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Developing the Next Generation

Developing the Next Generation
by Kristyn Kapetanovic

Just six months into the MS-MBA in Food and Agribusiness Management, Kitty Reed can already tell it has made an impact.

“Because our projects are tailored to our individual situations, I’ve had the chance to interact with the upper management of my company,” says Reed, a cattle territory manager at Boehringer Ingelheim. “By committing to the program, I’ve shown them that I’m also committed to increasing my skill set and my management capabilities. It has certainly already increased my opportunities.”

The MS-MBA, an online, dual-degree graduate program, is tailored to develop the next generation of senior managers in food and agribusiness. As a student, Reed is earning both an M.S. in agricultural economics from Purdue University and an MBA from Indiana University’s Kelley School of Business while continuing to work full time. Due to the program’s intense focus on food and agribusiness, the coursework is highly relevant to students’ jobs.

One of the most unique facets of the MS-MBA is the capstone project, which Reed will undertake in her second year of the 27-month program. Working with her supervisor and a faculty mentor at Purdue, Reed will identify and explore a management issue her company faces and propose a solution to the problem.

“The capstone course and projects help students get the attention of their company’s upper management by producing real solutions for management issues of importance to their employers,” says Marshall Martin, professor of agricultural economics at Purdue University and instructor of the capstone class. “Because of the capstone project, students have the chance to directly impact their company by analyzing emerging relevant challenges and frequently implementing the recommendations that are generated by their capstone projects.”

Justin Wrage, MS-MBA alumnus and Syngenta Seeds employee, says that the capstone project was instrumental in his recent promotion to division marketing manager. During his interview for the position, he discussed his project in depth, explaining his recommendations to company executives.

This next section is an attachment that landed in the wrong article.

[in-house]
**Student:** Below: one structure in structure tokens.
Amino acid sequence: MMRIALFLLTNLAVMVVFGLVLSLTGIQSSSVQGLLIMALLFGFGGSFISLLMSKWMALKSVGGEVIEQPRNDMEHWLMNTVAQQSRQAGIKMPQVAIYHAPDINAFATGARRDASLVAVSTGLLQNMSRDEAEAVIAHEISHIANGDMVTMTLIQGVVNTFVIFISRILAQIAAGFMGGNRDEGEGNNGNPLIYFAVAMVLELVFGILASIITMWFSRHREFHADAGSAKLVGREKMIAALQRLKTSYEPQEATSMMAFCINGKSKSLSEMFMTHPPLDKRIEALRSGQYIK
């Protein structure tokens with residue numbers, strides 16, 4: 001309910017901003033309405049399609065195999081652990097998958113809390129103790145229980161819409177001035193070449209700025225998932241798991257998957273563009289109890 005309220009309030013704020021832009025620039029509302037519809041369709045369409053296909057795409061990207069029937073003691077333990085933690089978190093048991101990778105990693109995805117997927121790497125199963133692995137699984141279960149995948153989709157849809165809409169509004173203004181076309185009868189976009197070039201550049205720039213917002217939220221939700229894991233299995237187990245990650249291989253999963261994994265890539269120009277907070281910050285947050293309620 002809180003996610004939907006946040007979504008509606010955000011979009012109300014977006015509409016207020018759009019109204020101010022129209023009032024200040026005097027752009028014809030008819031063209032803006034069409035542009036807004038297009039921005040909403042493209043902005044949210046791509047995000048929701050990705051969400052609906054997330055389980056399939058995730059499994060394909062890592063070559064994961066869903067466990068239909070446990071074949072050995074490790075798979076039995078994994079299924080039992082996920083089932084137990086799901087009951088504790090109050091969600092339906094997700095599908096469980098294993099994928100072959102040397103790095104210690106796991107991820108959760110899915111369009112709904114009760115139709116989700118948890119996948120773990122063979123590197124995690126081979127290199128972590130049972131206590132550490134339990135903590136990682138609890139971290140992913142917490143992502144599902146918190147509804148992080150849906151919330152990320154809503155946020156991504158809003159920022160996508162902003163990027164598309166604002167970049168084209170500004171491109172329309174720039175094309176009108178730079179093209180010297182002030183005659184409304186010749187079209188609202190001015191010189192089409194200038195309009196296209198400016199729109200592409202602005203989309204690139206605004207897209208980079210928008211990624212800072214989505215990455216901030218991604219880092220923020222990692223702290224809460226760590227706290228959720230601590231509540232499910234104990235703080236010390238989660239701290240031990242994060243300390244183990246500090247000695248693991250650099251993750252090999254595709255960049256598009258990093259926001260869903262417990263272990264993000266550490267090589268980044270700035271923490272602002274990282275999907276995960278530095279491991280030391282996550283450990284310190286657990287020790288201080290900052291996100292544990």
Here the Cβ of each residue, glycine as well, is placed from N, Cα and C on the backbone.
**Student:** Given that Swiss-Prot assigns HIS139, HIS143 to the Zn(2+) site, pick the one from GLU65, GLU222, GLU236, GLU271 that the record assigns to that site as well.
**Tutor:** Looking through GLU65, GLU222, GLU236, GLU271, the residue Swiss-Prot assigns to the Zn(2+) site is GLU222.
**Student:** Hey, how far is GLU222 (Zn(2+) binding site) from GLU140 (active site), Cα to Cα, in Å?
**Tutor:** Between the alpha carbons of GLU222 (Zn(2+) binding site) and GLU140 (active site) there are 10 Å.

“I’m grateful to the Purdue-IU program for providing me with the knowledge and skills necessary for securing this opportunity and providing value to Syngenta,” Wrage says.

The MS-MBA draws a diverse spectrum of highly motivated people from across the food and agribusiness industry. Reed notes that an unanticipated benefit of the program has been the intelligence, competence and experience of her classmates. Students develop close networking relationships, relying on each other’s support to successfully complete demanding courses while balancing career and family obligations.

“Working with the other students has greatly broadened my perspective,” Reed says. “It’s easy to become so focused on your little portion of the industry that you forget about the rest of agriculture. It has been tremendously beneficial to learn about the other students’ professional backgrounds and how their experiences apply to what we’re learning.”

Reed travels frequently for her job and appreciates the MS-MBA’s anytime, anywhere model that allows her to decide when she wants to “go to class.” She can download lectures and listen to them while travelling, and she only needs an Internet connection to turn in her assignments.

The program’s distance-delivery modules are punctuated by five on-campus residencies: two on the Purdue University campus in West Lafayette, Ind.; two on Indiana University’s campus in Bloomington, Ind.; and one international residency that exposes participants to the international business climate, allowing them to think broadly about the diverse factors that drive global agribusiness.

“I’ve only been in the program for six months, yet I’m continually amazed by the new things I’m exposed to. I’ve been able to apply many of the concepts and tools to my current position,” Reed says. “I can’t wait to see what comes next.”

To learn more about the MS-MBA in Food and Agribusiness Management,